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You Need A Plan – Even If You Think You Don’t

The word “planning” scares a lot of people. I understand. In a general sense, it can suggest that you’re removing spontaneity, those unexpected events that can become life turning points, lifetime memories or a lucky break. None of us want those taken from us. And planning – when done correctly – doesn’t remove those possibilities….

The word “planning” scares a lot of people.

I understand. In a general sense, it can suggest that you’re removing spontaneity, those unexpected events that can become life turning points, lifetime memories or a lucky break.

None of us want those taken from us.

And planning – when done correctly – doesn’t remove those possibilities.

You’ve probably had times in your life – maybe you’re in one now – when you’ve felt completely overscheduled, as if every waking minute was planned. We know where that leads: burnout.

That’s not the kind of planning I mean.

Let me zero in on one form of planning, the kind we do in my line of work. We do financial plans for clients who want to achieve certain life goals. Overwhelmingly, that means enjoying a comfortable retirement and having money to pursue activities like travel or specific hobbies.

What pops into your mind, when you try to imagine financial planning? (OK, for some of you, I know that imagining financial planning is a step down from imagining root canal – but work with me on this.)

Most of the time, planning isn’t budgeting; or, at least, it’s not limited to budgeting. At its heart, planning is the process of discovering how you will achieve your goals.

And this is where financial planning and life planning converge. For most people who are firmly grounded in the 21st century, “retirement” simply means the ability to do what you want to do, whether that’s spend time with the grandkids, devote yourself to volunteer work, or launch a new business venture without the pressure to produce immediate income.

The word “retirement” carries some baggage: If you retire, the law requires that you move to Florida, start wearing stretch-waistband pants, and complain about your health during your golf, shuffleboard and bingo games.

Hard to imagine why anyone bristles at the word retirement, isn’t it? (For the record: I actually love Florida, but in that particular scenario, it sounds as depressing as a Soviet gulag.)

Maybe retirement-as-preparation-for-death was a scenario people planned for in the past – I really don’t know – but it’s not something I’ve personally seen, when it comes to actual client goals.

I’m using the example of retirement because that’s what comes up most often in the financial planning situations I’ve observed.

But any type of goal you want to achieve requires planning, and that almost always includes money: How will your objective be funded? That’s true if it’s a plan to quit your job and become an entrepreneur; switch jobs to something that you enjoy more but may pay less; or fulfill a dream of becoming a stay-at-home mom.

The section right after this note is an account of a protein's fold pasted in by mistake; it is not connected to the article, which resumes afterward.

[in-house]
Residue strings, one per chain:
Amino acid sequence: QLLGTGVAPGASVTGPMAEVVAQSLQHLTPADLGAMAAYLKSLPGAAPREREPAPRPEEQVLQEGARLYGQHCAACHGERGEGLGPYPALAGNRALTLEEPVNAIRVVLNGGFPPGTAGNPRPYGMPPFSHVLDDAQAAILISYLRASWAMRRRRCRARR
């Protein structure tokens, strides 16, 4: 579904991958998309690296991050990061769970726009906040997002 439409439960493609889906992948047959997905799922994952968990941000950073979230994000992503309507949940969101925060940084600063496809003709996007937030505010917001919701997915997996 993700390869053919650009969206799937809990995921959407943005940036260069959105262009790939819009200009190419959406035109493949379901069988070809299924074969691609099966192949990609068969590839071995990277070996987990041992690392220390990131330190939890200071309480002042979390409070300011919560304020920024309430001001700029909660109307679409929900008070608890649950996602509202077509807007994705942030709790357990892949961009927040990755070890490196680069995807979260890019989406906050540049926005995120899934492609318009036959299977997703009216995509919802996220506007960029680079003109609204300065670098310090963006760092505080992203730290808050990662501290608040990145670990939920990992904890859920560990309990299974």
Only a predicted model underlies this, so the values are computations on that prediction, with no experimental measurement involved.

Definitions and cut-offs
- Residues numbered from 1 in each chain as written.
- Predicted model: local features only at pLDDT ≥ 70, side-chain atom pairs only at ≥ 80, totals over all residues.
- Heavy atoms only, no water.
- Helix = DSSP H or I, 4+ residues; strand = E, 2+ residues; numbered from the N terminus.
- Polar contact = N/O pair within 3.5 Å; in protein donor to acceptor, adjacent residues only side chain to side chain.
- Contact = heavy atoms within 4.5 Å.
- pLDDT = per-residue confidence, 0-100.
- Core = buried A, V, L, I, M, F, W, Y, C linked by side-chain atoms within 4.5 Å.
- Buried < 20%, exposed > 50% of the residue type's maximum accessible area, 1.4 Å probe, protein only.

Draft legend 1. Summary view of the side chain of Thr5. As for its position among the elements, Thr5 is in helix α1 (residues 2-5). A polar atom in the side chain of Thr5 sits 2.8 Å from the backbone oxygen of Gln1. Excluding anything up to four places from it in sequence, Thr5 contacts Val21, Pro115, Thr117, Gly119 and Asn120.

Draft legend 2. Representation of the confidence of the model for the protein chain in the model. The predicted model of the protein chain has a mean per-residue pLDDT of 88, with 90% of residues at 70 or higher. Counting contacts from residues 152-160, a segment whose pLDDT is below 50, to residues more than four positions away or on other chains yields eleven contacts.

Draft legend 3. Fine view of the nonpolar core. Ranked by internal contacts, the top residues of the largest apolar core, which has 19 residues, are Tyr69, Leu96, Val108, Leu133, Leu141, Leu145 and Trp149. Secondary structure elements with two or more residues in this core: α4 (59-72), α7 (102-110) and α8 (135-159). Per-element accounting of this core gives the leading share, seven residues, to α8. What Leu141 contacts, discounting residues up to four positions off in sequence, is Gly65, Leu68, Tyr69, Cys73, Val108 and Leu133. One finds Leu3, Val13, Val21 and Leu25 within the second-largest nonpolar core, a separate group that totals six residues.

Planning is not about removing spontaneity and serendipity from your life. It’s more like a compass to guide you, than a fence to keep you contained.

I’m at a point in my life where this lesson is especially relevant. If I say a particular objective is important, yet I don’t put any time into it on a regular basis, then I have to ask a few questions. How important is it really? What’s preventing me from investing the time and effort to attain this goal?

There are a couple areas of my own life where I’m asking myself these questions, areas where I think I want to make changes, but so far, I’ve been haphazard, at best, when it comes to spending time and implementing new habits.

Most of the time, the things we really want don’t “just happen.” Even the use of affirmations and positive thinking techniques – which are useful, but must be paired with action – require a little time and focus!

So this is where a bit of planning becomes necessary. In his awesome program, “5 Days To Your Best Year Ever,” Michael Hyatt emphasizes the practical step of putting important actions on a calendar.

“If it doesn’t get on the calendar, it’s probably not going to happen. You’re not going to probably accomplish it in the leftover time you have every day because if you’re like me, you don’t have leftover time. You’ve got to schedule it. You’ve got to make a commitment and keep it.”

I know that’s often easier said than done – but that’s exactly the point! If you’re like me, you need a plan of some sort. Otherwise, you’ll find yourself meandering through life. And rather than resulting in carefree spontaneity, it often leads to regrets and bitterness.

I have no desire to be one of those compulsively over-scheduled people. But I also realize that it’s mentally, physically and emotionally unhealthy to be that person who comes home from work, scarfs down some convenience food because it’s quick and easy, and settles in for a night of TV.

And for the record: I’m far from being the poster child for exemplary habits. But I’m on a mission this year to follow Hyatt’s advice, and regularly allocate time and attention to the goals that I claim are important!

That’s my planning process for 2014, and one of the functions of this blog will be to keep me accountable!

How do you approach the process of planning to achieve your goals?

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